|photo by Alice Lum|
In 1875, two years after Central Park was officially completed, British sculptor George Blackall Simonds exhibited his The Falconer at the Royal Academy Exhibition. Simonds was the son of a wealthy family of British brewers; but he was currently living in Rome. His statue, which was intended for Trieste, Italy, was seen by George Kemp. The New York merchant was impressed.
Born in Ireland, Kemp had made a fortune in New York and he approached the artist about reproducing the bronze as a gift to Central Park. Simonds had a second statue cast by Clemente Papi of Florence, Italy, using the lost-wax method which the artist preferred.
The rapid-fire chain of events resulted in The Falconer being nearly ready to unveil only a few months later. On May 22, 1875 Frederick Law Olmsted inspected the park with the Park Commissioners. “The lake, walks, drives, rambles, and other features of the landscape were viewed in turn, after which the party proceeded to the site of the new statue of ‘The Falconer,’ near the south bay of the lake,” reported The New York Times the following day.
The site that Olmsted and the commissioners inspected had been somewhat of a thorny problem. The Times later noted that “Mr. Kemp had some difficulty in obtaining from the Park Commissioners what he deemed a suitable location for the statue,” and the newspaper added its own opinion. “We certainly do not think that the site on which it now stands is by any means the best that could have been chosen. Conspicuous enough it certainly is, but it stands so far above the line of sight of the spectators beneath, that all the details, and even the expression of the face, are entirely lost.”
Appleton’s Dictionary of New York would diplomatically say it was “placed on a high bluff.”
|Critics grumbled about the lofty positioning of the statue -- stereoscope photo by Augustus Hepp from the collection of the Museum of the City of New York, http://collections.mcny.org/C.aspx?VP3=SearchResult_VPage&VBID=24UAYWE07DM3&SMLS=1&RW=1366&RH=579|
The statue was dedicated on May 31, 1875 to general critical acclaim. The Times said “Among the few really artistic statues that have been placed in the Central Park is that of ‘The Falconer,’ the work of Mr. George Simonds, of Rome, a young English sculptor.”
The newspaper described the 12-foot bronze. “The figure represents a young falconer in the costume of the fifteenth of sixteenth century The bird is perched on his left hand, and, with out-spread wings, is about to take flight, the leash, however, being as yet firmly held. In the right hand is the hood which has just been removed from the bird’s head. The man’s figure rests almost entirely on the right foot, and is well-balanced and gracefully posted. The head is thrown back and the face raised toward the bird that is about to soar away skyward. The attitude of the figure certainly expresses all the eager anticipation and interest that a keen hunter may be supposed to feel at so exciting a moment; but the upturned face is a blank so far as the spectator beneath is able to see.”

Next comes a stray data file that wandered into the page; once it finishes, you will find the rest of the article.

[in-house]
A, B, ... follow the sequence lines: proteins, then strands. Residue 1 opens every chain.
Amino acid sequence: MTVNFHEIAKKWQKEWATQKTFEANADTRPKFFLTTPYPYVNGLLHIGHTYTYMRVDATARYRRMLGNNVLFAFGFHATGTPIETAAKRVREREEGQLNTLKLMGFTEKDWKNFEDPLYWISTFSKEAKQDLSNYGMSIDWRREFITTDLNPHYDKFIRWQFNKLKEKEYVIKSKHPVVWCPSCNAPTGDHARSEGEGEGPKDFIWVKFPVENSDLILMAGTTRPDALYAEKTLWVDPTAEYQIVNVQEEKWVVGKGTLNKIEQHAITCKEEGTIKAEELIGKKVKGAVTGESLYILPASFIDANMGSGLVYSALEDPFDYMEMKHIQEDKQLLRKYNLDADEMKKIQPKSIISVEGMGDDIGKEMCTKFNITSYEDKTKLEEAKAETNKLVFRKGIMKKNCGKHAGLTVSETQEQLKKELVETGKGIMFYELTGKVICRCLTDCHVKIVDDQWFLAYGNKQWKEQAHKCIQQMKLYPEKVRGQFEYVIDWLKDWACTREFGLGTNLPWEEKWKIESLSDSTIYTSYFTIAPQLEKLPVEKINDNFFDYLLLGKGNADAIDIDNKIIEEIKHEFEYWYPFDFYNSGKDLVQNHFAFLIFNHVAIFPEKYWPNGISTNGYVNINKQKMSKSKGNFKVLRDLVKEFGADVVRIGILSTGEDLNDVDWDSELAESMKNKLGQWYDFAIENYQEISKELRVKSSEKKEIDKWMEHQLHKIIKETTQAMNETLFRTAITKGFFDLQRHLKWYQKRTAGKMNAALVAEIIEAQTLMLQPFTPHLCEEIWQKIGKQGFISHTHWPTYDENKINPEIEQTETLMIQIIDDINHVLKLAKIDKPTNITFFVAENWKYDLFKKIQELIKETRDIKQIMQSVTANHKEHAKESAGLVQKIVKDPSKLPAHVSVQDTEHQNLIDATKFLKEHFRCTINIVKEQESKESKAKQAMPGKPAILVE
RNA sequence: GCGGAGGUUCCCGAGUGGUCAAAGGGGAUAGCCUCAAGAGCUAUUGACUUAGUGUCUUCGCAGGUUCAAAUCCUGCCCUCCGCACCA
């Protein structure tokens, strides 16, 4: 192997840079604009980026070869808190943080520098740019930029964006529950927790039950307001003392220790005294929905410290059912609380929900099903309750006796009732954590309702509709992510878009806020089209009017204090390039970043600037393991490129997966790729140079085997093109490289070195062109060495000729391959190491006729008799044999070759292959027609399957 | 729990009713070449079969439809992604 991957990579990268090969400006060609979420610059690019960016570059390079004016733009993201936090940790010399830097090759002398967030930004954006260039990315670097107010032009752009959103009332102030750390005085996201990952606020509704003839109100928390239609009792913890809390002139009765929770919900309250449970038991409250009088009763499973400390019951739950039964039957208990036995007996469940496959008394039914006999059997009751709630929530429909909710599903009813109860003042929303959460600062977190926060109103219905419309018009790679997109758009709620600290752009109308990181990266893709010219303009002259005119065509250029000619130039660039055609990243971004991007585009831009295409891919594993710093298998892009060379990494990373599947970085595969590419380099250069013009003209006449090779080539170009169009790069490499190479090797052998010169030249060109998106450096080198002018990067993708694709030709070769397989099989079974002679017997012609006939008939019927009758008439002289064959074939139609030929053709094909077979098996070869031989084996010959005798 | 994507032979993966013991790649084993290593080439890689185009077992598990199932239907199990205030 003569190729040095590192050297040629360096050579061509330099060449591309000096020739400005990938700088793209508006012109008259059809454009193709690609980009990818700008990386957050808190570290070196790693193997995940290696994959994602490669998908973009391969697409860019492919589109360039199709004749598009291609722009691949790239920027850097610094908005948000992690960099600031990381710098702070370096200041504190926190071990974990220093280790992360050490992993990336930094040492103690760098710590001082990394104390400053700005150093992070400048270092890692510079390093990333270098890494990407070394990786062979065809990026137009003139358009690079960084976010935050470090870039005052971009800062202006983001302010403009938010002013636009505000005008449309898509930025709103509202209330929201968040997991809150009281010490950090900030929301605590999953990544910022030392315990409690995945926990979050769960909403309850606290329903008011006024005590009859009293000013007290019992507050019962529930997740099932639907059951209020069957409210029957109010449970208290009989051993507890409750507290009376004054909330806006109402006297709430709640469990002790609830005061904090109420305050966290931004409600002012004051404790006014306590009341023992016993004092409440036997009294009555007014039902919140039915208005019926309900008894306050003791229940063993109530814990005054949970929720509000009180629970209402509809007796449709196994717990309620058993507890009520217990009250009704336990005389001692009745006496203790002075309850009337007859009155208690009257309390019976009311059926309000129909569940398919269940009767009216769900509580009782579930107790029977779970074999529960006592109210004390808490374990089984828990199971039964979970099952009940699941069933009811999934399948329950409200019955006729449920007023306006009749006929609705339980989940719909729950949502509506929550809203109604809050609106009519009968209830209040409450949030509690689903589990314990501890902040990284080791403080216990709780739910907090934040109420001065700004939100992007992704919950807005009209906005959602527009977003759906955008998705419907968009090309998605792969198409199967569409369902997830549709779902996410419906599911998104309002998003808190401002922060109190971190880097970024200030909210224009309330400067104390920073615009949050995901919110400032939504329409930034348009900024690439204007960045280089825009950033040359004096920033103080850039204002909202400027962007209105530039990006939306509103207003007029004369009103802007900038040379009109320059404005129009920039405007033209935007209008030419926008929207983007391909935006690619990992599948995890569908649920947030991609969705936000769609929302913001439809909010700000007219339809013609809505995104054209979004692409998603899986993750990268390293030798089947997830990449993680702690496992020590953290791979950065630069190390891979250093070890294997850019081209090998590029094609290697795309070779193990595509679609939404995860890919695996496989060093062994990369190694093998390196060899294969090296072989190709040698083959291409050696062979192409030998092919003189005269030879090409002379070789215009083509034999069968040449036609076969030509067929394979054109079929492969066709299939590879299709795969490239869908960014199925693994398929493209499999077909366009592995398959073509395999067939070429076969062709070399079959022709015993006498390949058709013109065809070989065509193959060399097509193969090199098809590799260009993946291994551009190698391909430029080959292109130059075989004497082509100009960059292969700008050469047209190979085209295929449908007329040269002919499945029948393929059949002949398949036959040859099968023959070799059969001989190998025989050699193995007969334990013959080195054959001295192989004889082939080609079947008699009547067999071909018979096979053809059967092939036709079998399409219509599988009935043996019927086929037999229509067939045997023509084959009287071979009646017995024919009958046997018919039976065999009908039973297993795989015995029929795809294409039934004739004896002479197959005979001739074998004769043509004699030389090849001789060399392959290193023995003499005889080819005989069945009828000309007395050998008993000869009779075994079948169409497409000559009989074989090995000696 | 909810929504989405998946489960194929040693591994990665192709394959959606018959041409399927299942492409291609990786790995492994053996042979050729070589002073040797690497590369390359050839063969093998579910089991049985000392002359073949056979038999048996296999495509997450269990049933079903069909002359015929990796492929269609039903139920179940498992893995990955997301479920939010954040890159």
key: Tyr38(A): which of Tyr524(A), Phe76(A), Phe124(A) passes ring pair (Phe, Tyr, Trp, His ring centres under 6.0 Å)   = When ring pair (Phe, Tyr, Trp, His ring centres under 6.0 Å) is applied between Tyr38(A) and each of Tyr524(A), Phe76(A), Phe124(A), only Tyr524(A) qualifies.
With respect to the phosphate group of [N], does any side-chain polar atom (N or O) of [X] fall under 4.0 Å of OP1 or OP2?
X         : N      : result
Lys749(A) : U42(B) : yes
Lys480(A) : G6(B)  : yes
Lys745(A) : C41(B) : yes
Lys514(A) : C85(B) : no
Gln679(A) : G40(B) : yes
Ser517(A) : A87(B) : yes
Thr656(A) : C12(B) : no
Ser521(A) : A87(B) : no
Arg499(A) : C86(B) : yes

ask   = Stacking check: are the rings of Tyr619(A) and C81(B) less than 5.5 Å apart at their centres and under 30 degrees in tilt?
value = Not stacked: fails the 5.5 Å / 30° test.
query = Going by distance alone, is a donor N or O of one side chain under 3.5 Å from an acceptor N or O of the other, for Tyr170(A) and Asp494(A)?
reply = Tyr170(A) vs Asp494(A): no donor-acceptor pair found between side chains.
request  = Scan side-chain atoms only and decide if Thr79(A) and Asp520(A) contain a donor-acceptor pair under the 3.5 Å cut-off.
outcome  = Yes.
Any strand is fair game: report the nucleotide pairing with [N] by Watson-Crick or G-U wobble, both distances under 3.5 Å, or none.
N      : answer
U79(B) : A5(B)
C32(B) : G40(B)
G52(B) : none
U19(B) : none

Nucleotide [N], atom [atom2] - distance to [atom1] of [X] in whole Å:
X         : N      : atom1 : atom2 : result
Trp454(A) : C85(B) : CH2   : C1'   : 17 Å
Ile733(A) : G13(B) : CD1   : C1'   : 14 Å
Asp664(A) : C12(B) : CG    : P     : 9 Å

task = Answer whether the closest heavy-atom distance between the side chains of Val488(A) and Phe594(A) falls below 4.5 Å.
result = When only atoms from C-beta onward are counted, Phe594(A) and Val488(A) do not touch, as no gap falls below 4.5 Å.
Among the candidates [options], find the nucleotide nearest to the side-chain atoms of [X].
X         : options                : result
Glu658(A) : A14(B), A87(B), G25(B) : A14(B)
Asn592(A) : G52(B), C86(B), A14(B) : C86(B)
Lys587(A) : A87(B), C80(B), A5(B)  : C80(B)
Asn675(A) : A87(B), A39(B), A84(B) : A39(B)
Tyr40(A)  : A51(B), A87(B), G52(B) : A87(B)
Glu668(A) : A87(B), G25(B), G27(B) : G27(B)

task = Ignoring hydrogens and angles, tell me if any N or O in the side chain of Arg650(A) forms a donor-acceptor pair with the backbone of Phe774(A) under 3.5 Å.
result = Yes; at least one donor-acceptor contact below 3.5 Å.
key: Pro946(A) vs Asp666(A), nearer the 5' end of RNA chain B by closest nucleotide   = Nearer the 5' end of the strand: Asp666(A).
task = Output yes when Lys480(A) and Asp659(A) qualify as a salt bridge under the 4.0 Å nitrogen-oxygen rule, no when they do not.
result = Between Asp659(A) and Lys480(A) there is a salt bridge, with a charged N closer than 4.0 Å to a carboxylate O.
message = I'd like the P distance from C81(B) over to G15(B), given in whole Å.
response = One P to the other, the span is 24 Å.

The Times again lamented the site. “The statue should most certainly have been placed at least fifteen feet lower than it is.”
The Magazine of Art found technical fault in Simonds’ depiction of the hunting costume—somewhat surprising considering that the sculptor himself was an avid falconer. “In ‘The Falconer’…a medieval design, the falcon, well modelled, is properly carried upon the upraised gloved hand, the attitude of the falconer, who has the hood in his right hand, indicating that he is in the act of what is technically termed ‘hooding off.’ The general effect is good, but would be better if the costume were more in accordance with the requirements of the sport.”
|from the collection of the New York Public Library|
Sixty years after the statue’s unveiling natural growth had nearly obscured it. In 1937 the entire monument was dangerously close to toppling over. The Parks Department shored it up and repatined the bronze.
But 1930s taste in art did not fare well for the piece either. On January 17, 1937 Ruth Green Harris got a critical jab in as she described “the sculptural mélange that is Central Park” in an article for The New York Times.
“Those who know their park can find the ‘Falconer’ a little northwest, on a rise above the path, almost hidden among the trees. It is advisable to remain standing on the Esplanade and to look at the memory of this engaging boy rather than at the bronze itself, for critical examination might destroy a shrine."
It was not critical examination that nearly destroyed the statue; but malicious vandalism. In 1957 the falcon was sawed off and stolen. A new falcon was cast and reattached. But that, too, would not last.
The 1970s were a dark period in New York City. As the city teetered on the brink of bankruptcy, crime was at an all-time high and Central Park became synonymous with muggings and rapes. Monuments and statues were defiled by unrestrained vandals.
Thieves not only broke off the falcon, but the entire arm that held it aloft. Finally on December 23, 1977 The Times noted that “The Falconer, formerly of Central Park, is now in storage in a dark basement in Washington Heights, minus his falcon.”
The much abused sculpture was resurrected in 1982. A new arm and falcon were cast and attached and the restored statue was reinstalled in the park. In 1995 The Falconer was again conserved and repatined.
|The statue, with its replaced arm and falcon, are back at home in Central Park -- photo by Alice Lum|